It would be years before it became known what had happened to the Rev. Leonard Kentish, and before a measure of justice was extracted.
With the plane's departure, two sailors clinging to another distant hatch floated away, and were not seen again. After a 12-hour struggle against a strong current, the remaining 18 survivors made it ashore on a rocky islet in the Cumberland Strait in the early hours of the next morning. Two succumbed to injuries on the first day. The survival of the others, and their rescue on January 27, was another feat of endurance - particularly a 35 mile barefoot trek that the CO, Lt 'Sandy' Meldrum, made to reach a coastwatchers station on Wessel Island to secure help.Of of the 24 aboard the ship, 13 ultimately survived.
After the war, the missionary's wife, Mrs Violet Kentish, made enquiries through every official avenue, trying vainly to ascertain what had happened to her husband. Noone knew. She began writing to the newspapers. A former Intelligence Officer, Alfred Wilson, read one of her letters in the Melbourne Argus, while commuting to work one morning.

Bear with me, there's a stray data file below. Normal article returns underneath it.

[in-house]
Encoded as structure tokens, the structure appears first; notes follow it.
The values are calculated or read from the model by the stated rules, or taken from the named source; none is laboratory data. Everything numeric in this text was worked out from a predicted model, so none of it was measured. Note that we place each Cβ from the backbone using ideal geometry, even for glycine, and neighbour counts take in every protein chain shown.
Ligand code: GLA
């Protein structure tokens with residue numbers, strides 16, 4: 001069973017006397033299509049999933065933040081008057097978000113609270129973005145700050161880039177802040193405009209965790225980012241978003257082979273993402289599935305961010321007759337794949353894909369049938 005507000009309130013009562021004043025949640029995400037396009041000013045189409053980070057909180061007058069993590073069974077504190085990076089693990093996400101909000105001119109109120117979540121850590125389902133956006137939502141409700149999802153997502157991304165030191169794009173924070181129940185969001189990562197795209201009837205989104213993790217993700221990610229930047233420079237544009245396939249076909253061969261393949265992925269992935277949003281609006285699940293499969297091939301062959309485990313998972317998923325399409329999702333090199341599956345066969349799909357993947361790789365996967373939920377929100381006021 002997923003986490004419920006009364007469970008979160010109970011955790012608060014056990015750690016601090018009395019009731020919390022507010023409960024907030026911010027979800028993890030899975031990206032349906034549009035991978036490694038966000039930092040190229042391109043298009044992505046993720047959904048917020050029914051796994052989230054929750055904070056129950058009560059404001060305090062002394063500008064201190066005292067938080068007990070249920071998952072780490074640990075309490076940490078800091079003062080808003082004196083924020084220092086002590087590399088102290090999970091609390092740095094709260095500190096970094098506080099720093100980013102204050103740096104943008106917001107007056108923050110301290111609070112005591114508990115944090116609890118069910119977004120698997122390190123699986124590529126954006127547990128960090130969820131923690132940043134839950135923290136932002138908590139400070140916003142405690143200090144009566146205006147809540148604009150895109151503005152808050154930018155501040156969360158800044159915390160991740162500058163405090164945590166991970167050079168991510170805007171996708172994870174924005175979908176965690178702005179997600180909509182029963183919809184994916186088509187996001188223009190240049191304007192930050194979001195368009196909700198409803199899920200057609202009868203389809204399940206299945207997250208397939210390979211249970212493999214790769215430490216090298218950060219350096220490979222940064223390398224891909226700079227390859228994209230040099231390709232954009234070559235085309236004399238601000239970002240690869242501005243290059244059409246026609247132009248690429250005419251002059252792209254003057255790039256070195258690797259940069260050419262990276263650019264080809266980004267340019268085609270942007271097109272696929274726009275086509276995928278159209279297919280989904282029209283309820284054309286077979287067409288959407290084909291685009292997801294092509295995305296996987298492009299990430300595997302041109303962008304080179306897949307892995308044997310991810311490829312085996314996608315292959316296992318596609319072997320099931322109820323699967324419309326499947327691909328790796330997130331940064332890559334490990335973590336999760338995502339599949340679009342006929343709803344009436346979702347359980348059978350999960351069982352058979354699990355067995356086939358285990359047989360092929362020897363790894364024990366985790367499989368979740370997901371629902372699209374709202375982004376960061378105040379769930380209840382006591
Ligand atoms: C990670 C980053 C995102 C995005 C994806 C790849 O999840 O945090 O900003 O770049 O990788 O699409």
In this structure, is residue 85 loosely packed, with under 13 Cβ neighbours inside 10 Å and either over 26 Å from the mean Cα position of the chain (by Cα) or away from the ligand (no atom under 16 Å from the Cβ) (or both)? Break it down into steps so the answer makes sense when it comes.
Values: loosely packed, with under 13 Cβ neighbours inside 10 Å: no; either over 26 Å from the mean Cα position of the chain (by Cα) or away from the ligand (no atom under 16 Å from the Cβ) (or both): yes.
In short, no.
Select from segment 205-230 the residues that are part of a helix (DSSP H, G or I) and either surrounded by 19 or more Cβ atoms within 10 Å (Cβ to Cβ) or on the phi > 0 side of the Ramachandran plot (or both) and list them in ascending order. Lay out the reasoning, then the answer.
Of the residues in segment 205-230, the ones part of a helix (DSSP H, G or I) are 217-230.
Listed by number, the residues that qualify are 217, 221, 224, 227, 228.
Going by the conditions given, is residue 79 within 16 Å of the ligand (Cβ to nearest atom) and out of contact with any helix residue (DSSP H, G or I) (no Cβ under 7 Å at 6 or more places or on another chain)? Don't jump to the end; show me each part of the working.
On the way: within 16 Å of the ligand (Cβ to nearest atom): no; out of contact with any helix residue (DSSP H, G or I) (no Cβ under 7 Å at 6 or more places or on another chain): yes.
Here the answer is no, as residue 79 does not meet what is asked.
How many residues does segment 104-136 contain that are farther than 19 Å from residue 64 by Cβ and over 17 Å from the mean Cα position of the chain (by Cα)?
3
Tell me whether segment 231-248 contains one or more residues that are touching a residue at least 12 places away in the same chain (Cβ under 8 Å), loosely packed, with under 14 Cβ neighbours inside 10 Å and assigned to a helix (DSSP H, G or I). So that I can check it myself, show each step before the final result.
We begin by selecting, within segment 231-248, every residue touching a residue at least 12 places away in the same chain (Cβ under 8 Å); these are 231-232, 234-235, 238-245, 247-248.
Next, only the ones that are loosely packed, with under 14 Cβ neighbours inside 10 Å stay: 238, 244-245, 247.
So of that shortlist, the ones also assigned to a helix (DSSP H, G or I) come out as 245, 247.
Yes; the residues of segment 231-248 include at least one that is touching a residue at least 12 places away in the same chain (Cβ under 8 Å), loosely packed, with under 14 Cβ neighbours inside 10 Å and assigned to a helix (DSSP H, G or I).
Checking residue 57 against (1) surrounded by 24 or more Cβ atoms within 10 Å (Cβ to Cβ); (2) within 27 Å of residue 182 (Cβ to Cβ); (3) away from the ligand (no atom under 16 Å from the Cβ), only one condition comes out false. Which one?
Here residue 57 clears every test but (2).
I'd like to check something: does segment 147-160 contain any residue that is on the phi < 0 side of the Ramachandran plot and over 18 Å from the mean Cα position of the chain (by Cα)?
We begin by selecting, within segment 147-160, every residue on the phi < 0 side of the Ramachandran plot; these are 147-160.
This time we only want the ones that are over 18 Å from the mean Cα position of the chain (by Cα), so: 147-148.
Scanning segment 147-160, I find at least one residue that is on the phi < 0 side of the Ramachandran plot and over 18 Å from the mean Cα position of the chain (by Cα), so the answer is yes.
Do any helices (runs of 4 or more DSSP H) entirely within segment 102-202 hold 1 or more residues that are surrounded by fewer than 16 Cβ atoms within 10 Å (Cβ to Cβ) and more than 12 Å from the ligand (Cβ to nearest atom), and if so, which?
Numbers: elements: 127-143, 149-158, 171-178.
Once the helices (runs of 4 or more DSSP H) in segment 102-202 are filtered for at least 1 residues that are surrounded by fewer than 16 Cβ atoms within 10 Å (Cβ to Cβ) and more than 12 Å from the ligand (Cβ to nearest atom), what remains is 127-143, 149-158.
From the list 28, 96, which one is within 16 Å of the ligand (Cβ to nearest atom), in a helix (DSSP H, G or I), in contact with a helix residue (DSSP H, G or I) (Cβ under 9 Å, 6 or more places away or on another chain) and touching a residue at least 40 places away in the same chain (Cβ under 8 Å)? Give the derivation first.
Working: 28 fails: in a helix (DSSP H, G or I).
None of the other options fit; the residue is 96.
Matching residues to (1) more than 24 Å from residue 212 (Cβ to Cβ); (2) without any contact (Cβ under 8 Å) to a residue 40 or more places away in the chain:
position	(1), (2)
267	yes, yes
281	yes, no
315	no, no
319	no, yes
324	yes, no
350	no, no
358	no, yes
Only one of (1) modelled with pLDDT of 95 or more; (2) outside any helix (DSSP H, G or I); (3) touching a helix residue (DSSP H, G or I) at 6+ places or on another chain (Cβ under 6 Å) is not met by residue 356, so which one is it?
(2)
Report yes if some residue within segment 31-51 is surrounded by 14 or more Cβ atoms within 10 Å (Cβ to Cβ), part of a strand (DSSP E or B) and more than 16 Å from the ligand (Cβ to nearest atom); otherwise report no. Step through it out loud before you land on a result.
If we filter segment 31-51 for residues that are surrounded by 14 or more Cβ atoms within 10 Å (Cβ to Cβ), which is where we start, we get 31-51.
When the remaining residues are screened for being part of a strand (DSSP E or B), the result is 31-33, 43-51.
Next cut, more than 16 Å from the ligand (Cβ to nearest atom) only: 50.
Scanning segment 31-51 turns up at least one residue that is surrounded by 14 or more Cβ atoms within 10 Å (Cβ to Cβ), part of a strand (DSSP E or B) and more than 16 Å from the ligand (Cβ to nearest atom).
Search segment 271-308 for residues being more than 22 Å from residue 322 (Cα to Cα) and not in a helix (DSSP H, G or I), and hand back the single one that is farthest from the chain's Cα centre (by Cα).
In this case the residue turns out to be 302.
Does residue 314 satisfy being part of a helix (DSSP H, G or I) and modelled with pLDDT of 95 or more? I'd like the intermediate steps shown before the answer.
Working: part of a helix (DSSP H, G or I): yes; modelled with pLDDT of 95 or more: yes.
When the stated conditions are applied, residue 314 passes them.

Wilson had been in the Darwin area, and de-briefed survivors from the Patricia Cam. in 1943. He had also been on Macarthur's intelligence staff in Australia, and was not without influence. The intelligence officer used his contacts in the Occupation Forces in Tokyo to have further enquiries made.
Eventually, it was learned that Rev. Kentish had been taken to the Japanese-held Dobe (or Dobo) Island in the Arus group [now Indonesia] where, after much cruel abuse, the missionary had been beheaded three and a half months after his capture, on the fourth of May, 1943.
On the 23rd of August, 1948, the man who ordered this execution, Sub Lieutenant Sagejima Maugan, was hanged as a war criminal in Hong Kong's Stanley Jail. Two other Japanese servicemen, Hoyama Kenzo, and Kohama Shozuke were sentenced to life imprisonment for their part in the Rev. Kentish's execution. And thus ended this strange, sad episode of the Pacific War.